This week I was reminded of August 2014, when Islamic State (ISIS) captured the town of Shingal in Iraqi Kurdistan. I quickly joined a group of activists that rushed to support the Yazidis who had escaped Shingal, helping to establish camps in Iraq and Turkey. For more than a year, I worked as a volunteer in Yazidi camps in both countries and met many Yazidi women with horrific stories. Some of them left children on Mount Sinjar, some had been raped by ISIS members and then shunned by their families as a result, some had seen family members killed in front of them.
They were difficult times. There were shortages of food and water. The Yazidi women were constantly wailing, their voices still echo in my ears today. They would show me family photos of life before ISIS, telling me of what they called the good old days. The Yazidi women said they had two lives; their old life before ISIS, and their new life after ISIS.
I visited Yazidi villages closer to the city of Mosul. Baadre was one of them, the biggest Yazidi village in that area. Many Yazidi women and girls took shelter in Baadre during the winter of 2015, looked after by Yazidi sheikh Mir Amar. It was during a cold night in January 2015 when I met Ilwin, a Yazidi woman who was raped several times by ISIS militants. Her family bought Ilwin from ISIS, but ISIS did not sell her sisters. Ilwin told me that ISIS had put them in a house in Mosul guarded by the wives of ISIS fighters.
Sometimes, she said, these wives helped ISIS members rape the Yazidi women, sometimes they tortured Yazidi women. Ilwin drew a plan of the house in Mosul where her sisters were forcibly kept, asking for my help. I gave it to the Kurdistan Regional Authority Human Rights Centre.
The nights were long in Baadre. We slept in a large room with the Yazidi women and children. It is hard to describe the sounds of their nightmares during the night. I will never forget those nights. I would often wake up to their moans and would look to the lights of Mosul, still controlled by ISIS, and wonder, “Where are you God?”
This week, watching videos from the Syrian village of Baghouz, where the Kurdish-led Syrian Democratic Forces are fighting to capture the last patch of ISIS territory, I remembered my days with the Yazidis. In these videos, we see ISIS members and their wives expressing no regrets about what they did to Yazidis. Some of the wives even defend the enslavement of the Yazidis and say it is allowed by Islam. There are not only Iraqis and Turks among the wives, but there are also Finns, French, Norwegians, Afghans, British, Canadian, Dutch, Russians, Belgians, Indonesians, Filipinas, Bosnians, Chechens and other nationals.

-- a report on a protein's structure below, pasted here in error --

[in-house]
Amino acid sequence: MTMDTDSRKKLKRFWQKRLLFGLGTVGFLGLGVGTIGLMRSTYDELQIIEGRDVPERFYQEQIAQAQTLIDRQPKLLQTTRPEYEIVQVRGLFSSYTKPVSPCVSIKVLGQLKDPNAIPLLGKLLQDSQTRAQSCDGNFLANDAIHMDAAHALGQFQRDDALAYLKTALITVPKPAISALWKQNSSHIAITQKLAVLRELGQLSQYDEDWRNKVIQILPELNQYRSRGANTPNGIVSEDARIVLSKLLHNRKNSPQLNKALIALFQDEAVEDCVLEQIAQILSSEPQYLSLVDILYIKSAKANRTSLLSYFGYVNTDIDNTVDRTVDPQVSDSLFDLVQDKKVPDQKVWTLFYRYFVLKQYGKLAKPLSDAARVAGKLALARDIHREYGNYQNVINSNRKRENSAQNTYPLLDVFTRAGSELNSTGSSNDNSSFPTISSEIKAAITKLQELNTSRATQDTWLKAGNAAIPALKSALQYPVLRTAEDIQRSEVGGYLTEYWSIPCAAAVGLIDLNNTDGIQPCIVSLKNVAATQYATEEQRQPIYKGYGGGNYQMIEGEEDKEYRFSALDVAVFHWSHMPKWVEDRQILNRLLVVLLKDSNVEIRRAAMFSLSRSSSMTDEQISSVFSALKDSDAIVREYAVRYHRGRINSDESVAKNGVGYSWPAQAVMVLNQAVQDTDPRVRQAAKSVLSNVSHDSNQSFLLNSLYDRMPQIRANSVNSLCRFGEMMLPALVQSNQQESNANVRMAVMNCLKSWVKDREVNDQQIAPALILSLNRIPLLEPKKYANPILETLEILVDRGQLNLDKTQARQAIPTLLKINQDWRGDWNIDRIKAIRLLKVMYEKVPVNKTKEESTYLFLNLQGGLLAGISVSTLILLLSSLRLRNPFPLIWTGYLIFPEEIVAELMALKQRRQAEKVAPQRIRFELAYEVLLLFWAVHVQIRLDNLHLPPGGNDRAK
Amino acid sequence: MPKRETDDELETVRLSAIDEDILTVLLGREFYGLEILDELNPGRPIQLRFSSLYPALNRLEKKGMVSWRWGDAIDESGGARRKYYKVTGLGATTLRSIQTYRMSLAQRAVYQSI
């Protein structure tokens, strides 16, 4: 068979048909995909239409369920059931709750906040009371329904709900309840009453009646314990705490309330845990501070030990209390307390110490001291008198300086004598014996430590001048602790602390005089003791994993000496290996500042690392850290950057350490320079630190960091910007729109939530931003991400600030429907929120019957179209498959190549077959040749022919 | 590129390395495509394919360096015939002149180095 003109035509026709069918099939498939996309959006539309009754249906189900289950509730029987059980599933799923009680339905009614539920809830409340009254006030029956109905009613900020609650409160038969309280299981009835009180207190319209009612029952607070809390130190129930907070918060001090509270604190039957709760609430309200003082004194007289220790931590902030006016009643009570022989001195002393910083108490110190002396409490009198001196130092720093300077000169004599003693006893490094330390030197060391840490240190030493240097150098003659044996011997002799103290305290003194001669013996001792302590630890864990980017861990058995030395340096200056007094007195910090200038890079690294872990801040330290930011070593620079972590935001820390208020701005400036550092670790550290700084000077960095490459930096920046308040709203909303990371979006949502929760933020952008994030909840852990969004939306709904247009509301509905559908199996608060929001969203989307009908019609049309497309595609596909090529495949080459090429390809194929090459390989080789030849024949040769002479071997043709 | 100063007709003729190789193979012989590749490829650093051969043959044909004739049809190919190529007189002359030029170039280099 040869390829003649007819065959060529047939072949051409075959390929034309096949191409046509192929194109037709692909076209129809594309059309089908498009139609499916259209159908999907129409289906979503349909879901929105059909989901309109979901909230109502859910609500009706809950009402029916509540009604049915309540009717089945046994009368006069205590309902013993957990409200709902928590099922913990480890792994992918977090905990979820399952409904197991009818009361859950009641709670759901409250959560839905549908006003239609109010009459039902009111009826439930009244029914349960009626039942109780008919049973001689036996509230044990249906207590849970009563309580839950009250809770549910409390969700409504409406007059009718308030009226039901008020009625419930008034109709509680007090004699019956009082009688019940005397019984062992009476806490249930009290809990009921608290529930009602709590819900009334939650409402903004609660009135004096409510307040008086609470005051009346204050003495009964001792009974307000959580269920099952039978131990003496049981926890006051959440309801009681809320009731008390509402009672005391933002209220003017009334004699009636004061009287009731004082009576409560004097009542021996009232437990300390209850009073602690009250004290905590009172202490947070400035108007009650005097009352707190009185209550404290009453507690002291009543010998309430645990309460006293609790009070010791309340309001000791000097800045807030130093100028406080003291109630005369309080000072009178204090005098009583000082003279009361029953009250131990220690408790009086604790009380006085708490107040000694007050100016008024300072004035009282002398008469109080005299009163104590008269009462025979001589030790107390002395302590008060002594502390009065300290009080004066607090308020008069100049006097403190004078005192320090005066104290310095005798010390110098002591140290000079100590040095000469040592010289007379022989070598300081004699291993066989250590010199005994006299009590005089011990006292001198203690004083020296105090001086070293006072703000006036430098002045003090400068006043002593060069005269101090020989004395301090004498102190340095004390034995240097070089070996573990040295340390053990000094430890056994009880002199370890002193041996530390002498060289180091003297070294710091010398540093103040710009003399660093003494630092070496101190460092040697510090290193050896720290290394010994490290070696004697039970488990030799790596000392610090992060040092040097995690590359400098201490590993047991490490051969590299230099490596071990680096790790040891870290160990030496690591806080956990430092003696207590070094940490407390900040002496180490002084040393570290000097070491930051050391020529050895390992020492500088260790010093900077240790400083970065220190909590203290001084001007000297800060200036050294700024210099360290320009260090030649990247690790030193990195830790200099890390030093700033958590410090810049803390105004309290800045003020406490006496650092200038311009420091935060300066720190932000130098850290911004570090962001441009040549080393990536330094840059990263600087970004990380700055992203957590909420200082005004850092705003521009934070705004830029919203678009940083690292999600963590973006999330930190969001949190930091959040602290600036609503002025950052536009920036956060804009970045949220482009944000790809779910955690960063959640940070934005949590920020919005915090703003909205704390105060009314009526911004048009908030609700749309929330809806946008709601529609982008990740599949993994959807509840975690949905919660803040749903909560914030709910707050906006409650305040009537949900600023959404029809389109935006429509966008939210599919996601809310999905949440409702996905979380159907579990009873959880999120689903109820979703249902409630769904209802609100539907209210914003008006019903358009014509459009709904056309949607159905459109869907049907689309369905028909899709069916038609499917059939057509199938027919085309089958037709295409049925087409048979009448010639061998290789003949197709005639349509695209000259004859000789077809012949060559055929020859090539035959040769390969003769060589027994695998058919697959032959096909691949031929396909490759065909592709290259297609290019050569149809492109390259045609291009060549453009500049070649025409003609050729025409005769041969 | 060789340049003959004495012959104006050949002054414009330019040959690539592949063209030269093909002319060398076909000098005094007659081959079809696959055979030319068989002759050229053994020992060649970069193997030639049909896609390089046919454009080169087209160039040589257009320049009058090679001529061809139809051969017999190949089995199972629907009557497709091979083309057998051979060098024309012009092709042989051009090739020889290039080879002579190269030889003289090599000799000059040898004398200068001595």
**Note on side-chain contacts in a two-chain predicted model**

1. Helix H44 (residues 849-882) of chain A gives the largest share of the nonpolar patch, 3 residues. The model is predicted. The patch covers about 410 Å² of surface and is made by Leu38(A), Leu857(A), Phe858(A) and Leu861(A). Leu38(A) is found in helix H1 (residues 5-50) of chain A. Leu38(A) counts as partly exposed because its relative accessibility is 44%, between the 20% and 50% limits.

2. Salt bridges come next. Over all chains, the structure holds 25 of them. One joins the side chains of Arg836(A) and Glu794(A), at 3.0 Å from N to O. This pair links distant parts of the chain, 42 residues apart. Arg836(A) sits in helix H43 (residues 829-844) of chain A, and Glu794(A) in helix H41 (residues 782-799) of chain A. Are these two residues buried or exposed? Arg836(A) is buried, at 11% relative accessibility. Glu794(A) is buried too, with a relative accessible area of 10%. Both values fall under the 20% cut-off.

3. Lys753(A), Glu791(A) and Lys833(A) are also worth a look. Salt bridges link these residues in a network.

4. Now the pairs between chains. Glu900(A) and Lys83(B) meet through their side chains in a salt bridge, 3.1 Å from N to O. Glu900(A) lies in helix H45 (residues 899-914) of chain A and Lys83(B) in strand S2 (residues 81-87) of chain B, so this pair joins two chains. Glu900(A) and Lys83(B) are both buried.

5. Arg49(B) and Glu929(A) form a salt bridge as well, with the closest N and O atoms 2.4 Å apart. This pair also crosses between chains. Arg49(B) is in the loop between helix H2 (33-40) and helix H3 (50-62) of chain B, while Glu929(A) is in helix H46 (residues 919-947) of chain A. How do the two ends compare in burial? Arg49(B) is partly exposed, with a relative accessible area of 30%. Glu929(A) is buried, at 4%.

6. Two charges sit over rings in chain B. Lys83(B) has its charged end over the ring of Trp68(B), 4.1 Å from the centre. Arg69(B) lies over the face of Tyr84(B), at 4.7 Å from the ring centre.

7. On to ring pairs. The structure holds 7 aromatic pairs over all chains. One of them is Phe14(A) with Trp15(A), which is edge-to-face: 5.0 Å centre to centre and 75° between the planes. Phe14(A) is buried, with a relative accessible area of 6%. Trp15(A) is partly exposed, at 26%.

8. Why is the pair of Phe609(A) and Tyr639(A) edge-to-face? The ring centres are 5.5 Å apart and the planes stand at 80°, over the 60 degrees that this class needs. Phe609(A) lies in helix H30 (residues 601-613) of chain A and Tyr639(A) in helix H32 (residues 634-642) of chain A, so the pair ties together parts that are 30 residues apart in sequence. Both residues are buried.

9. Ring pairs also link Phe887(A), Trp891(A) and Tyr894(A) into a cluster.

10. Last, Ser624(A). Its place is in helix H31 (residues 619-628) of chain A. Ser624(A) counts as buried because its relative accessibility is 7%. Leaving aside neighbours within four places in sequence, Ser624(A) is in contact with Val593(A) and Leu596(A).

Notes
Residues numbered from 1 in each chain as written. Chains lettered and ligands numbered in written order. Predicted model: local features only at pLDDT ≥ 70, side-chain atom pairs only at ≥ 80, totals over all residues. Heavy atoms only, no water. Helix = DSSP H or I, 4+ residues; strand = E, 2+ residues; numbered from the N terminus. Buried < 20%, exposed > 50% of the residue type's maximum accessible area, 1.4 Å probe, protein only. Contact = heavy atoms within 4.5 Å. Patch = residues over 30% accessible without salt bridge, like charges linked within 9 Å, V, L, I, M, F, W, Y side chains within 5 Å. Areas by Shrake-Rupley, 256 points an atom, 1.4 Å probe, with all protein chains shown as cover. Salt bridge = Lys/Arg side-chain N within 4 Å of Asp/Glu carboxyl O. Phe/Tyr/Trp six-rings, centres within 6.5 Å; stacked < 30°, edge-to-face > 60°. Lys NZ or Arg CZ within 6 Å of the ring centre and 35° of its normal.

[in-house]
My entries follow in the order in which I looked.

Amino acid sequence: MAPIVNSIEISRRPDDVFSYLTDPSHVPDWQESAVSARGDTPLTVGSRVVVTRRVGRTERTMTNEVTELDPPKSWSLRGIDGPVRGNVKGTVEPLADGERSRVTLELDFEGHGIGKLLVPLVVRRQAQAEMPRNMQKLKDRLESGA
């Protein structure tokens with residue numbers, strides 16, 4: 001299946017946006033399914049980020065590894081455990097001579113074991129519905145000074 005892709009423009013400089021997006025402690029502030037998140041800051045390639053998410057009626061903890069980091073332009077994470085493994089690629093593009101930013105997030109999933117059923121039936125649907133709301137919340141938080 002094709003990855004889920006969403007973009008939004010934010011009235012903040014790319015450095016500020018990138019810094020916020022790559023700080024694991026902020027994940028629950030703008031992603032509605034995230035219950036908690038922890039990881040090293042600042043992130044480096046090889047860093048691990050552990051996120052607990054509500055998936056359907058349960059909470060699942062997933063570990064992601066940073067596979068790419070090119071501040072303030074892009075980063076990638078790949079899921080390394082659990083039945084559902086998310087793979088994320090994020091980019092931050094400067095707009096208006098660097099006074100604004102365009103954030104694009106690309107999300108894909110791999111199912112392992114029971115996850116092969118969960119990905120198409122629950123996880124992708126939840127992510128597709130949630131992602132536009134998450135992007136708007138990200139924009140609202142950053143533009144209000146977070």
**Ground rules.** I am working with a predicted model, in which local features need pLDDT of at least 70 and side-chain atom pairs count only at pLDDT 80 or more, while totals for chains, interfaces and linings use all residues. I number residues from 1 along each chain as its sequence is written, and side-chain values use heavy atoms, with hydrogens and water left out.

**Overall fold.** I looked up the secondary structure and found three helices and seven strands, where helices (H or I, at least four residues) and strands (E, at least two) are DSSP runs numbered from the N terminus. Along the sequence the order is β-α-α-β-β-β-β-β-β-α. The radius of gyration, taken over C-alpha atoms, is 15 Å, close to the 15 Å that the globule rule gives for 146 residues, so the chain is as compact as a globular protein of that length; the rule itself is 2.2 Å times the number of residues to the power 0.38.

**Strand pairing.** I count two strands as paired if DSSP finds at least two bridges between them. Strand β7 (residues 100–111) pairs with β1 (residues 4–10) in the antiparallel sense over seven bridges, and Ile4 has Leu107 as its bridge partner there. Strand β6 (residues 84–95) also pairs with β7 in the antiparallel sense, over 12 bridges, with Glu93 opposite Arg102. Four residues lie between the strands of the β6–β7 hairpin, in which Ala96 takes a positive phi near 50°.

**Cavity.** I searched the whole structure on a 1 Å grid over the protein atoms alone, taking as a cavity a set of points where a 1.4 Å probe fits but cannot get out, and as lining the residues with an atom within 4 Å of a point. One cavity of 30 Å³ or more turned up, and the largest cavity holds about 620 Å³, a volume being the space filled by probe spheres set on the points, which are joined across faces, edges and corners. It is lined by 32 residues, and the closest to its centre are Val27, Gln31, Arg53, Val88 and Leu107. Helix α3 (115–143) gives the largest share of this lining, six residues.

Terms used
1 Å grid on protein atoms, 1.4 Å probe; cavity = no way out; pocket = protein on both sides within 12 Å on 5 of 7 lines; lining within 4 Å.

In one of the videos, an ISIS wife from Turkey, Fatma Yılmaz, who was married to five different ISIS fighters in five years, talks comfortably about the massacre and its rapes, looting and killings. She said she joined ISIS to have a comfortable life. A comfortable life killing others!
In another video published by the Daily Mail, an ISIS wife defends the jihadists’ rape and murder of Yazidi women, saying it is “allowed in the Quran”.
Now, we see people debating whether or not these wives should be taken to court. Some wives say they are innocent. While listening to these debates, I remember those who sacrificed their lives to stop ISIS. I remember the mass graves, filled with thousands of Yazidis. I remember the Yazidi women aged over 40 who were buried alive because they were seen as useless. I remember the small Yazidi children who were sold off and lost their families. I remember the Yazidis who were beheaded. I remember Ilwin and the others. Their cries and moans still echo in my ears today.
Last week, another woman who had fled Baghouz, who said she was British and converted to Islam seven years ago, said that the caliphate is “not yet over”. Without bringing the ISIS wives and those who assisted the jihadists to justice, ISIS will never be over. Many Yazidi women and children are still being held captive by ISIS, still waiting for freedom and justice. Thousands of Yazidis buried in mass graves are waiting for justice.
Everyone who supported ISIS, including the wives, had a choice. But they chose to be party to a massacre, they chose to be part of a genocide, they chose to be on the side of evil, not goodness.
If the world wants to stop bearing witness to such horrors, then the international community must act to make the perpetrators of these crimes accountable.